The Upper and Lower Creeks
The Creek tribes had a long history of treaties which gradually ceded their ancestral lands to the United States. The Creek tribes were branches of the Muscogee, and over the years devolved into the Lower Creek, mostly in Georgia, and the Upper Creek living in Alabama and Tennessee. The Red Sticks, which Andrew Jackson routed at the Battle of Horseshoe Bend during the war of 1812, were comprised of Upper Creek Indians led by a chief named Menawa, many of whom fled to the lands of the Seminole following the defeat. Among these was a young Creek brave named Osceola.
The War of 1812 led to many of the Lower Creek being removed to the Indian Territory, Many others, including the Red Stick leader whose English name was William McIntosh settled among the whites, assimilated into the communities and purchasing land and slaves. McIntosh was a frequent guest of Andrew Jackson at the Hermitage, where they discussed politics and their mutual interest in race horses. By 1825 the Upper Creeks were being pressured to move as well, and had ceded so much land to the whites that their tribal council imposed a death sentence for any leader who agreed to surrender Creek land.
When McIntosh ceded lands in the 1825 Treaty of Indian Springs, Menawa had him assassinated. The Governor of Georgia began using state militia to remove the Creek and when the Creek complained to Washington and asked for help retaining what was left of their lands, President John Quincy Adams refused, despite the Supreme Court having decided that Georgia’s actions were unconstitutional. With most of the Lower Creek being removed to the Indian Territory, Alabama began similar actions against the Upper Creek, with by then President Andrew Jackson refusing to intervene, for reasons similar to those of his predecessor.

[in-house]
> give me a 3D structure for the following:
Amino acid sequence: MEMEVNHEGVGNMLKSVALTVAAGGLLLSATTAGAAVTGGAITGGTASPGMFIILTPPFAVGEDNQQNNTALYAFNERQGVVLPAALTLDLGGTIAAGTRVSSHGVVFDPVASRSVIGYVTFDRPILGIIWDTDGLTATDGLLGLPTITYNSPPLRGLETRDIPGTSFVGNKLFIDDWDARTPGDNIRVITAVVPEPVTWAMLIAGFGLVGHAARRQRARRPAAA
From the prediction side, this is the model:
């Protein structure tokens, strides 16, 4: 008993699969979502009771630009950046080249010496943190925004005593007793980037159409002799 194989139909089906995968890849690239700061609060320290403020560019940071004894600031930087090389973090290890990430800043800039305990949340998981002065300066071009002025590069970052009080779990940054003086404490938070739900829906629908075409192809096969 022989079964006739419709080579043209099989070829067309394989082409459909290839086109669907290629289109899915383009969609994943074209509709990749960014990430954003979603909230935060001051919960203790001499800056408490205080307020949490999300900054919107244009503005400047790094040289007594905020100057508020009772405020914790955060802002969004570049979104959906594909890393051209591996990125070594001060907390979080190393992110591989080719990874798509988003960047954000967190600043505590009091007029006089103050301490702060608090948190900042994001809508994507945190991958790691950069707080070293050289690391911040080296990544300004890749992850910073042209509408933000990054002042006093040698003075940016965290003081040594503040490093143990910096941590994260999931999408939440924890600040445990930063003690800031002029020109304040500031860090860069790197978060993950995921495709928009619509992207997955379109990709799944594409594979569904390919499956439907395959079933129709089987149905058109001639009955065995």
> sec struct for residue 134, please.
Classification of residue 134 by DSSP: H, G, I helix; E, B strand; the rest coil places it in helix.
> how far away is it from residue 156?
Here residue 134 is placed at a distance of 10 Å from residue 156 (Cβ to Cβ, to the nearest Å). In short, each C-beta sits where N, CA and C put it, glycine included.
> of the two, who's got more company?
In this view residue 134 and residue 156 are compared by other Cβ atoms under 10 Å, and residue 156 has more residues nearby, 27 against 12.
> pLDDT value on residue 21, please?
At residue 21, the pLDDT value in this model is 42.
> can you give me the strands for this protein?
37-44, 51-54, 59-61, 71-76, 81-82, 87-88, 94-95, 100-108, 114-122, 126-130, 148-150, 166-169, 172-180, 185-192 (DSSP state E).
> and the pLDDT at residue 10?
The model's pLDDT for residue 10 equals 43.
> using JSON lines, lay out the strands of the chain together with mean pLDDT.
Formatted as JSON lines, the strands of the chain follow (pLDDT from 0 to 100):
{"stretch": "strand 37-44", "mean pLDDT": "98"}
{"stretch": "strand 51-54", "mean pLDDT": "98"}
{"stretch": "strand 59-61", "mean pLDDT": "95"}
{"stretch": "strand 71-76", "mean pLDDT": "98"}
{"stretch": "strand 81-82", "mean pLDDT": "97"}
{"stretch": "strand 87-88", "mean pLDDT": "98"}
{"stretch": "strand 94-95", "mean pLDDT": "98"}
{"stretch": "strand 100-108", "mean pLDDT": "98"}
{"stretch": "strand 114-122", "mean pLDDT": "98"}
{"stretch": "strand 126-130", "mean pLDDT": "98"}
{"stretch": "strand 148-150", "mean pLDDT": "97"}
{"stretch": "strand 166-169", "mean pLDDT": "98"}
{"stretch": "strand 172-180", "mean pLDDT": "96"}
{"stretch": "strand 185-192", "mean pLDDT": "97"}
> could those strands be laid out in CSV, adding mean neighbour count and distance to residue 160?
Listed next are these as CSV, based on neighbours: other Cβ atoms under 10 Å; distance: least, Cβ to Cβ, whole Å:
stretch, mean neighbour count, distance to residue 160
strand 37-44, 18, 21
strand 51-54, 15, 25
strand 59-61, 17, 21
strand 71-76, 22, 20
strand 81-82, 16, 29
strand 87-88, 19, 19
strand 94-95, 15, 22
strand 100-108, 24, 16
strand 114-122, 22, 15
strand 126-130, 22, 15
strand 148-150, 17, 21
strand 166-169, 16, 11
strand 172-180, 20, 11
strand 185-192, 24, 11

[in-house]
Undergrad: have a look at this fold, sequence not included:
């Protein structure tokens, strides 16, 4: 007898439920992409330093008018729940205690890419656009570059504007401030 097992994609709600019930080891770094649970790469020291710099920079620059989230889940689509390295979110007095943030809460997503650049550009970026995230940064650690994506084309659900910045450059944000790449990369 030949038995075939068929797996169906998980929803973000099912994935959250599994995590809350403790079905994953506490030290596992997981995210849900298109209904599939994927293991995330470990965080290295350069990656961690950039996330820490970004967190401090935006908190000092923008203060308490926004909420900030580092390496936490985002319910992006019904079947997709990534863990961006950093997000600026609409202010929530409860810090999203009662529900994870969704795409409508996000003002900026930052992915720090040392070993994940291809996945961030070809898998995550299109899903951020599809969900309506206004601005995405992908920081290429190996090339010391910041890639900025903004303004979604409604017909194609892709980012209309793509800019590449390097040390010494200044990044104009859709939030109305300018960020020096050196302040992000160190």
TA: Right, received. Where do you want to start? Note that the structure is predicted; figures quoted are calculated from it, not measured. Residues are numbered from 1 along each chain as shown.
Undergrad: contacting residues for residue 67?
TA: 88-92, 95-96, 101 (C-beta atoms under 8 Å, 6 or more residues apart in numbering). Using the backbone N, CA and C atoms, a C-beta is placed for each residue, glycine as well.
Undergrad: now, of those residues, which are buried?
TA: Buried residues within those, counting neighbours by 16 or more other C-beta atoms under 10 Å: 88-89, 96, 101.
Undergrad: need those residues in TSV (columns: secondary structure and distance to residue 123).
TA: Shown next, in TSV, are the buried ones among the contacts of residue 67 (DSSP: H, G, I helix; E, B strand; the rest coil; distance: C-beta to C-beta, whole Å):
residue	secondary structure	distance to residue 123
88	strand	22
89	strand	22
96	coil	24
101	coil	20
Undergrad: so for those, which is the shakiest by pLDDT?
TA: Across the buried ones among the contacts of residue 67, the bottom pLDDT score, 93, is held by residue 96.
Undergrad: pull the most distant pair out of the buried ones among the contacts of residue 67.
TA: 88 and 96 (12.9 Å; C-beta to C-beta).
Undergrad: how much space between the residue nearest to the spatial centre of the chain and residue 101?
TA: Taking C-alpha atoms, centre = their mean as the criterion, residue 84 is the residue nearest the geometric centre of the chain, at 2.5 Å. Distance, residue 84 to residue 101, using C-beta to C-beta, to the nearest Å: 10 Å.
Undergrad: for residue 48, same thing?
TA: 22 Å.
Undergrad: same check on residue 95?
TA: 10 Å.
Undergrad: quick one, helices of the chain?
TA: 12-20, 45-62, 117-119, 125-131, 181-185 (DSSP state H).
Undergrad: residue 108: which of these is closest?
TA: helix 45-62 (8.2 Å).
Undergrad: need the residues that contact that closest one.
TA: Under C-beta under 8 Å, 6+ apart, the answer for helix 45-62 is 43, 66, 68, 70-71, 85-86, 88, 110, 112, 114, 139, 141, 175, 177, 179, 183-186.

In 1832 the remaining Creek lands in Alabama were divided into allotments and the Creek were offered a choice. Those who wished could sell their allotment of land and remove themselves to the Indian Territory where they could continue their traditional way of life. Those who desired to remain on their allotment had to agree to subject themselves to the authority of federal, state, and territorial laws. If they refused they would be forcibly removed to the Indian Territory. Scattered raids and warfare along the Chattahoochee River broke out among resisting Creek and Alabama militia.
Many of the Creek resisted after trying to comply with the sale of their allotments only to be cheated by speculators of both white and Indian race. Their attacks were focused on the property of the devious men who had cheated them. The federal government sent troops to support the militia and the Creek resistance was broken in 1836, just as the Seminole War was entering its most violent period. The broken Creek Nation, a group of about 15,000 men, women, and children, removed westward to the Indian Territory along their own Trail of Tears, largely following the paths taken by the Choctaw and Chickasaw. About 3,500 Creek died on the journey.